As Bannon is charged with money laundering donor funds, Trump's PAC faces similar scrutiny: analysis
Steve Bannon and Donald Trump (Composite / RawStory)

On Friday, writing for Newsweek, Ewan Palmer noted that while longtime Donald Trump ally Steve Bannon faces charges for diverting funds from his "We Built The Wall" project into his own pocket, the former president himself is facing new federal scrutiny over his own political PAC — raising similar legal problems.

"Bannon, who was previously charged in an almost identical federal investigation before being pardoned by Trump, pleaded not guilty to two felony counts of money laundering, two felony counts of conspiracy and one felony count of a scheme to defraud after turning himself in to prosecutors from the Manhattan District Attorney's Office," wrote Palmer. "The same day, The New York Times and ABC News reported that subpoenas were issued by a grand jury in Washington D.C. investigating the events which led up to the January 6 attack in an attempt to probe the inner workings of Trump's Save America PAC fundraising efforts."

"While the precise details of the subpoenas are not known, The Times said they were part of the Department of Justice's probe into the former president's fundraising following the 2020 election," wrote Palmer. "The Save America Super PAC, which was set up just days after the 2020 election, has raised more than $135 million in contributions, according to a report from ABC. No formal investigation into the Save America PAC has been launched, but the move to issue subpoenas is the latest sign investigations into the former president are expanding."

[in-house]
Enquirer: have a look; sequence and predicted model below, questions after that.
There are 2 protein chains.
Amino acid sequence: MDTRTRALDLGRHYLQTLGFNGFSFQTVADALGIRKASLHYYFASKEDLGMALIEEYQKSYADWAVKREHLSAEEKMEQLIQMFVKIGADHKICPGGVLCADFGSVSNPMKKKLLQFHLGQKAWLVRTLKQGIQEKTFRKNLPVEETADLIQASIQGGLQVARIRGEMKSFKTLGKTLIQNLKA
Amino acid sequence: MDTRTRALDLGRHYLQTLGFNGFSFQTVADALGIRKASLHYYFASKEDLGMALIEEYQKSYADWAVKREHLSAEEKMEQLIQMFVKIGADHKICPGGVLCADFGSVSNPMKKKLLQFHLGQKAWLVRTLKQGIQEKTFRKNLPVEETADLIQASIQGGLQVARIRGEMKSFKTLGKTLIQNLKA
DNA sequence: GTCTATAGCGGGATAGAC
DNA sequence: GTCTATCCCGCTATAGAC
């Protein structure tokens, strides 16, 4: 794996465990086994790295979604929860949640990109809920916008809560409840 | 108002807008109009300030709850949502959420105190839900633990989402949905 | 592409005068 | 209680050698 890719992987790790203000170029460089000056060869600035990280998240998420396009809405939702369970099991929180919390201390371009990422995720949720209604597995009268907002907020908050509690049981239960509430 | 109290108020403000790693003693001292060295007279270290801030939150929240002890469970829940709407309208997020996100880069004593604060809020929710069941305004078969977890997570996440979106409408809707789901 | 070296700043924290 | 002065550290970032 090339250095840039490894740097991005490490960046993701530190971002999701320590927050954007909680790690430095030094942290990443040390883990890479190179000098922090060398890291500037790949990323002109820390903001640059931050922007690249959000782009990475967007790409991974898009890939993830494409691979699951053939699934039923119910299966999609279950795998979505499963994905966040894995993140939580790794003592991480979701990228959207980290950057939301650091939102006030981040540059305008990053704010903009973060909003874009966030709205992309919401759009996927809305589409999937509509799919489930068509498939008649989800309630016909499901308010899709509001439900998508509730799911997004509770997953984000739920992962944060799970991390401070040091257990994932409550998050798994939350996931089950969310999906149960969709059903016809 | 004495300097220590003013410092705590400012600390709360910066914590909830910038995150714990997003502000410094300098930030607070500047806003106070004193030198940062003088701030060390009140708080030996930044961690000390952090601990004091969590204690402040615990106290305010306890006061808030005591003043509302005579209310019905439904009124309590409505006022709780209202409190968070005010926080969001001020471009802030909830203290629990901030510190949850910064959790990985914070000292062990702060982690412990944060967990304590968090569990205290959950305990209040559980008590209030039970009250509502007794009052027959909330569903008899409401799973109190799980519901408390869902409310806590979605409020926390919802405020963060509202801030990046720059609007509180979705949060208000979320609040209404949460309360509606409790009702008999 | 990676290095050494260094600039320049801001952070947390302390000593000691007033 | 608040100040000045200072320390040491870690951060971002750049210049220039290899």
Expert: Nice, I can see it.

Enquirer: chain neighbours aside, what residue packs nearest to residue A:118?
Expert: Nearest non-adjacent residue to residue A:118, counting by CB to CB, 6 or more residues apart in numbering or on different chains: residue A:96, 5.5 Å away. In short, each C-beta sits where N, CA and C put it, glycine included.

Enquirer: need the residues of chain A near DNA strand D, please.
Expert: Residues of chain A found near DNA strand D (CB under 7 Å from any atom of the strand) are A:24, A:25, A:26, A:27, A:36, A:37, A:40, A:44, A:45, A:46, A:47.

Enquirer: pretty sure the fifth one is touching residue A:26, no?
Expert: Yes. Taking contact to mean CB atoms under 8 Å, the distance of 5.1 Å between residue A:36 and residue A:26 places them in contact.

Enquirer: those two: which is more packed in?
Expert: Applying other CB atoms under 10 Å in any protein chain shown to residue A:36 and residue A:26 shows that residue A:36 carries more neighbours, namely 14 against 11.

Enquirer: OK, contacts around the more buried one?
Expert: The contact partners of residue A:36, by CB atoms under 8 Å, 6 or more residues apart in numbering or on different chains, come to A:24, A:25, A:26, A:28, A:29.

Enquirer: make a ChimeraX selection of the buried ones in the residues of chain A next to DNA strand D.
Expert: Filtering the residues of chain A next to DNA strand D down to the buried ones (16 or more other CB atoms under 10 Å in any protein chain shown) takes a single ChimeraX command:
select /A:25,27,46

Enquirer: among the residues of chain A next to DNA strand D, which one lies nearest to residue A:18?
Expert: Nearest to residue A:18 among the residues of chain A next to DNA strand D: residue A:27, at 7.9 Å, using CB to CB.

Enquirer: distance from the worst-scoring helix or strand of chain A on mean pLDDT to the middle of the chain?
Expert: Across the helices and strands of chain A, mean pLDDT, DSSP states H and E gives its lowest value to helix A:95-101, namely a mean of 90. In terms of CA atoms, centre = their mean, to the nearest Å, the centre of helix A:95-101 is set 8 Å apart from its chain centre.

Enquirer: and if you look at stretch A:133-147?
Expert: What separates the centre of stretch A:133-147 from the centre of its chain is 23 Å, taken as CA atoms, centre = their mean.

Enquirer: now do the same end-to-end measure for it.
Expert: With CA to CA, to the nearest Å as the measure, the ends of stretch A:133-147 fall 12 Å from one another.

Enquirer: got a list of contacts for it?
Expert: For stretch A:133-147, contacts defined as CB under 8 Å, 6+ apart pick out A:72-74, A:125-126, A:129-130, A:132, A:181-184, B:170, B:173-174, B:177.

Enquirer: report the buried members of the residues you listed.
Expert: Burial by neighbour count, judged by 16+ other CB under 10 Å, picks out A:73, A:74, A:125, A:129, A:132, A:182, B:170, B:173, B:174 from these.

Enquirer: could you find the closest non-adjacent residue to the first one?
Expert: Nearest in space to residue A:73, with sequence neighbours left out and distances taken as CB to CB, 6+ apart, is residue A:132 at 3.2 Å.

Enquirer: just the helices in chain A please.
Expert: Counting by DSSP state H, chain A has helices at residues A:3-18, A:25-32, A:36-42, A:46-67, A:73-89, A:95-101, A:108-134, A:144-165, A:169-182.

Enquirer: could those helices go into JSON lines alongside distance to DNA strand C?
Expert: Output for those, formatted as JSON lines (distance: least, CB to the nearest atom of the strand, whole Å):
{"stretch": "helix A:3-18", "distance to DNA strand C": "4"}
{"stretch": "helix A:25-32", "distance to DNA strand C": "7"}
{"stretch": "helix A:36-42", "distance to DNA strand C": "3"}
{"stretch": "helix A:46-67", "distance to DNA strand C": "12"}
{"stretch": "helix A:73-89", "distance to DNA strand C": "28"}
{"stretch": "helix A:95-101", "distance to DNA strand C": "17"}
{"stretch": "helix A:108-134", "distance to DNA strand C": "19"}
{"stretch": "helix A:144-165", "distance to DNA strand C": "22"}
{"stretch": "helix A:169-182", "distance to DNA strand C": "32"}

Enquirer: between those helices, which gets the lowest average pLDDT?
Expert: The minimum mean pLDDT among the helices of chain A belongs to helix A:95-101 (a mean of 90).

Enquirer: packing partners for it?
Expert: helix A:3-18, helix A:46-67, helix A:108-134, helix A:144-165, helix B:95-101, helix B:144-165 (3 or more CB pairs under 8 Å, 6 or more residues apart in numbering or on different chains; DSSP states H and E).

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According to these reports, the grand jury wants to understand the exact timeline of how Save America PAC was founded, as well as how it has raised and spent money.

This comes after House January 6 Committee hearings that have highlighted how the former president used Save America PAC to raise money from people who believed it was going to fight nonexistent election fraud. "The Trump Campaign didn't use the money for that. The 'Big Lie' was also a big-rip off," said Rep. Zoe Lofgren (D-CA) during these hearings.

Bannon, who was separately convicted of contempt of Congress last month, denies any wrongdoing and has claimed that the charges are a politically motivated attack — although multiple people he worked with have already pleaded guilty as part of the state prosecution for which he was originally pardoned.